Sabahar is the 15 year creation of Kathy Marshall from Beaver Lodge, Alberta. Kathy has spent most of her adult life working in developing countries, helping to create meaningful reliable employment opportunities for traditional artisans and rural farmers.

Sabahar all started with the introduction of Eri silk production into Ethiopia from Assam, Northern India. Eri provides her spinners and weavers with a marvelous product which is turned into exquisite fabric for the body and home but it also provides diversification of income for rural farmers. Eri silk worms are relatively easy to raise. They eat castor leaves which are plentiful in Ethiopia and Sabahar buys every cocoon raised by their producers. It is a win win for everyone.

From the first glimpse of the weaving process I was blown away. I have never seen warping like this in my life. The warpers carry a wagumbo which is a giant swift that can hold as many as 50 fine skeins of #60 singles cotton at a time. They warp with a massive number of threads carrying the wagumbo back and forth making warps anywhere from 40-80 metres long.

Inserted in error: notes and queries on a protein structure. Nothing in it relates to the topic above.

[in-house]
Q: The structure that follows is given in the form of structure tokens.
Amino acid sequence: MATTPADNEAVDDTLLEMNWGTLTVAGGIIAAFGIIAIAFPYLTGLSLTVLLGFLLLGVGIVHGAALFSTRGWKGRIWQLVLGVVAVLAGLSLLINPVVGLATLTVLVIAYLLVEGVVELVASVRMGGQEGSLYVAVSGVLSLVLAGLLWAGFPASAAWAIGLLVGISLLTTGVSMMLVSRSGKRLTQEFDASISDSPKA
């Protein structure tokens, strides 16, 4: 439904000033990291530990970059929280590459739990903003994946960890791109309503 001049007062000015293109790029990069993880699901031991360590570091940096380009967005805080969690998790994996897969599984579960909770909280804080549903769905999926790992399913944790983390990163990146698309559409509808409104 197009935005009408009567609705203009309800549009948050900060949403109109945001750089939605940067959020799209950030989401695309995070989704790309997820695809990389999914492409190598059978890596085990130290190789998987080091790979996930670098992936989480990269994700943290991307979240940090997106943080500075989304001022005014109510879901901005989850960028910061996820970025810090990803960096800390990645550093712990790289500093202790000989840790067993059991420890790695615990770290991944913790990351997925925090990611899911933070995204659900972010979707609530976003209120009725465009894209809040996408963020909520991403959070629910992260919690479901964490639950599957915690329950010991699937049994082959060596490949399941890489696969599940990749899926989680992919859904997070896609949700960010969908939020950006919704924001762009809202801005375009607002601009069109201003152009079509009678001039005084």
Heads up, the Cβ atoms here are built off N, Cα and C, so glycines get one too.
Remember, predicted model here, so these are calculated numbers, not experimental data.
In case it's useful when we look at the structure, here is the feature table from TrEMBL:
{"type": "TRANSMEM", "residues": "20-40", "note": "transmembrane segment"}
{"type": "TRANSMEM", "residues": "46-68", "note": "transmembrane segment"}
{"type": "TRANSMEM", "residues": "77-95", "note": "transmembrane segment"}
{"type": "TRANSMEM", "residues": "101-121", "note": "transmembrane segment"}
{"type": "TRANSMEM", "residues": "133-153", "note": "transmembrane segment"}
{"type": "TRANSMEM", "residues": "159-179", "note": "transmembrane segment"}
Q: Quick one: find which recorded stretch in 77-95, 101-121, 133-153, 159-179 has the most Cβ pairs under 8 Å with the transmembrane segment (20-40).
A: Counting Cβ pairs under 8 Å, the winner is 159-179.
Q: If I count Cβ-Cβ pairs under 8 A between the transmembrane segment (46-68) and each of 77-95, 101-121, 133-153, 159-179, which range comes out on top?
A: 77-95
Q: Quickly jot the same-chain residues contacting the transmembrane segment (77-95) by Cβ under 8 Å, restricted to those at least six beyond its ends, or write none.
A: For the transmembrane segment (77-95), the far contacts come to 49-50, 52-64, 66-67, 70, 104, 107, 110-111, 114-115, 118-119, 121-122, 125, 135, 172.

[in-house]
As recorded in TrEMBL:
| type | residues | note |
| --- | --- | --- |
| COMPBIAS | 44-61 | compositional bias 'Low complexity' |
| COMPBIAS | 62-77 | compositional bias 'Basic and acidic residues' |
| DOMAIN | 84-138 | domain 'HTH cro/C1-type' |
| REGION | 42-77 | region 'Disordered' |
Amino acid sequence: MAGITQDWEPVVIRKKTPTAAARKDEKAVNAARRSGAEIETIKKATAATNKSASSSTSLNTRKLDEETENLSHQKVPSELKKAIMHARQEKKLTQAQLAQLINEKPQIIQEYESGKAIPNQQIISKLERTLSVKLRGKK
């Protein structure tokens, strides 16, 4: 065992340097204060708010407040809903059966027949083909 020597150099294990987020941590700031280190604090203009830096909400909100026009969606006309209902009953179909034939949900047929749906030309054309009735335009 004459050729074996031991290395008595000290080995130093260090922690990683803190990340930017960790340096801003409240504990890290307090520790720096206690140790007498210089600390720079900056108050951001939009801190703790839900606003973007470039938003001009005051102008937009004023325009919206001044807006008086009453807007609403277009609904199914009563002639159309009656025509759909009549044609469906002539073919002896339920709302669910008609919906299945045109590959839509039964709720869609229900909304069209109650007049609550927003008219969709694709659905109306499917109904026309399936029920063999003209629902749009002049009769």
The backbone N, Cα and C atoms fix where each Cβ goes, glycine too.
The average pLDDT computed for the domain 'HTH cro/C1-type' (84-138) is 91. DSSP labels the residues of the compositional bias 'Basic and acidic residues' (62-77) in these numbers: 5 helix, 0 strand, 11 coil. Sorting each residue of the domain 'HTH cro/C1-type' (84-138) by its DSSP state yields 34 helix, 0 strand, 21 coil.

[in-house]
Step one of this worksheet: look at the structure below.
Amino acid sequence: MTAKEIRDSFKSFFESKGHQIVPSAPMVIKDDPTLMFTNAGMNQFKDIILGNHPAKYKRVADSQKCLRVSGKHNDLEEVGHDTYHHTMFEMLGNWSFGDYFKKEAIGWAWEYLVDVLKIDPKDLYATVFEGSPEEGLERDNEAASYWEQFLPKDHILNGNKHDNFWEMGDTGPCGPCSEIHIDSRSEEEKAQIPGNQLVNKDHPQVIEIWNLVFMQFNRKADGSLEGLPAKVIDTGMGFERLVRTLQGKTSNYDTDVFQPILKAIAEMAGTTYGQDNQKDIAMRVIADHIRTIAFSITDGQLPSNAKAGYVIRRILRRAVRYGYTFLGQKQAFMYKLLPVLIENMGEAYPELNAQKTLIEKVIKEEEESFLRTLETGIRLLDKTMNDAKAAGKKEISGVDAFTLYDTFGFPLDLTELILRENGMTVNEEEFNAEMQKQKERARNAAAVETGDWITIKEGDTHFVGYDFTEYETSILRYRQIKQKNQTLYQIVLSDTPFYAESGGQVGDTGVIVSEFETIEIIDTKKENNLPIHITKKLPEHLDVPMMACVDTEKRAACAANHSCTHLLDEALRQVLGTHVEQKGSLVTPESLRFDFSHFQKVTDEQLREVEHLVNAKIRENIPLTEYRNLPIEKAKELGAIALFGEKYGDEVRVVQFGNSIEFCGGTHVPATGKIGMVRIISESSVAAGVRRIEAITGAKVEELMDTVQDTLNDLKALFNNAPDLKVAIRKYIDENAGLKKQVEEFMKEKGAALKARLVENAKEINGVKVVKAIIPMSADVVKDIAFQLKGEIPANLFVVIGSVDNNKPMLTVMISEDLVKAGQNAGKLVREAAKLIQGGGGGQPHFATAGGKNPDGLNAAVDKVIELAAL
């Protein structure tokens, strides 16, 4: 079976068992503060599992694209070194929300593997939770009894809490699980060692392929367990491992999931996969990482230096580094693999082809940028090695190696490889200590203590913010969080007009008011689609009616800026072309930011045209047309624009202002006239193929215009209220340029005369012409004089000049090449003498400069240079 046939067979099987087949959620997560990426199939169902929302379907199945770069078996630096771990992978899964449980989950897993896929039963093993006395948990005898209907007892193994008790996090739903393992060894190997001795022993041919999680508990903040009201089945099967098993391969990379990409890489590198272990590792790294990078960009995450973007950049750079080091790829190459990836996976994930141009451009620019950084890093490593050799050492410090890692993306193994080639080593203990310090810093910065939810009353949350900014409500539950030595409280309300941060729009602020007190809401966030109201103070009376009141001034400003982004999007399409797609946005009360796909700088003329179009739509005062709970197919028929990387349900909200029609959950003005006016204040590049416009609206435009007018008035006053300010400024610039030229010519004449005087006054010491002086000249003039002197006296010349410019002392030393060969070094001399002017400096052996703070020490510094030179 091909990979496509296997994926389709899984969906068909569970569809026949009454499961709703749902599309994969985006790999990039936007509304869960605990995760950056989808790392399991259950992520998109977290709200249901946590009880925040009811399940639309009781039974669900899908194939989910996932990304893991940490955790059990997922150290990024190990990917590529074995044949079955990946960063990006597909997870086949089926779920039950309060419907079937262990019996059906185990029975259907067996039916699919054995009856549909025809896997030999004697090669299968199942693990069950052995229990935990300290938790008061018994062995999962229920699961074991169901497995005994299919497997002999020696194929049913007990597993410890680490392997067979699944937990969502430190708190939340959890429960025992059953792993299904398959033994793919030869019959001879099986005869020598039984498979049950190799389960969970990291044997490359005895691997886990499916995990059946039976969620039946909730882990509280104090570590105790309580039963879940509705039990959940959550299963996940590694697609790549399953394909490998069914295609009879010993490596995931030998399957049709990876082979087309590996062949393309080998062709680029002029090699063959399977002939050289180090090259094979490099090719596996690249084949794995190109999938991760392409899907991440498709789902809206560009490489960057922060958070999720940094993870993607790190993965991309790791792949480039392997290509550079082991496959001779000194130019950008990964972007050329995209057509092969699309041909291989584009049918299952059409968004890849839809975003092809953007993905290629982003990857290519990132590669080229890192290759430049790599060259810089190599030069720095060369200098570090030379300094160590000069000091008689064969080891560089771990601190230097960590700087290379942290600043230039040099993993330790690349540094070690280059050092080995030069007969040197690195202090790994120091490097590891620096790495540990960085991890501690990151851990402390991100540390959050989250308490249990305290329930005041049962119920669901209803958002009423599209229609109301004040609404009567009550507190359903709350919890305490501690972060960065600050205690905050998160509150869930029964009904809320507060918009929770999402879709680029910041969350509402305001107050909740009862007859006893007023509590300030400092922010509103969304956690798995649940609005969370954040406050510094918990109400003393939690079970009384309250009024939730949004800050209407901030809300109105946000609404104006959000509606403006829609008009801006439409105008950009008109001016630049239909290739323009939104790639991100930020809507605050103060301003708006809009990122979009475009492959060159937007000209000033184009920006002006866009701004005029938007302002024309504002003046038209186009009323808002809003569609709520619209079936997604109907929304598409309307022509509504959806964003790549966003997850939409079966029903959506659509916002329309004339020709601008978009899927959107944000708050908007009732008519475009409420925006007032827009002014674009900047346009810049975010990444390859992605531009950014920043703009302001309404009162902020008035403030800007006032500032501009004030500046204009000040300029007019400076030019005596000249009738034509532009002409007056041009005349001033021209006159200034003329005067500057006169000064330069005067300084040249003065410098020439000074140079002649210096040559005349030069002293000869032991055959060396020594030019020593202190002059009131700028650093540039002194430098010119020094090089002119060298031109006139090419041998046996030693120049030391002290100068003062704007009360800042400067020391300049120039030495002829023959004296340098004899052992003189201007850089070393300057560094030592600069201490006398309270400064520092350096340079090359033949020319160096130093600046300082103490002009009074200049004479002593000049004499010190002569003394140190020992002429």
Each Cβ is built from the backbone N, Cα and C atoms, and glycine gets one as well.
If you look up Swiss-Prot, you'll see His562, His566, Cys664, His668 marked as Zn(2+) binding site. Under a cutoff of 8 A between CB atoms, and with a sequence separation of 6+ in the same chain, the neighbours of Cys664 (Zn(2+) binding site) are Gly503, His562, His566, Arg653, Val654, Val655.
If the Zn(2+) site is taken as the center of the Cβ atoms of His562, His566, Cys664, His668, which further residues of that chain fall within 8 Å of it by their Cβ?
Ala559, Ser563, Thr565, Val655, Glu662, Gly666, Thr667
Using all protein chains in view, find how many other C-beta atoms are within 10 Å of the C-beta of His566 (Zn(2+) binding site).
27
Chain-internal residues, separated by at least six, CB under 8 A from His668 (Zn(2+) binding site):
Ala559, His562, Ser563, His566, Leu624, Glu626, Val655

Their traditional looms are basically 2 harness looms where the warp anchors around a centre post approximately 2.5 metres from the weaver. It is similar to back strap weaving except they don’t sit on the ground and their post is their tree. The front beam is anchored to frame. They tension their warps by wrapping a length around another post and their warps sit in huge bundles off to the side of the loom, or hung up so they don’t get dirty.
Getting perfect tension on the warp can take a bit of work so they don’t like to retension too often. They get around this because their harness hang from the frame above. When they get too close to the harnesses they just move the harnesses further away from themselves and they lean in further so they weave farther.
It is absolutely amazing to see the skill in their hands, the cloth they produce, the pride in their work while creating all this on such simple simple looms.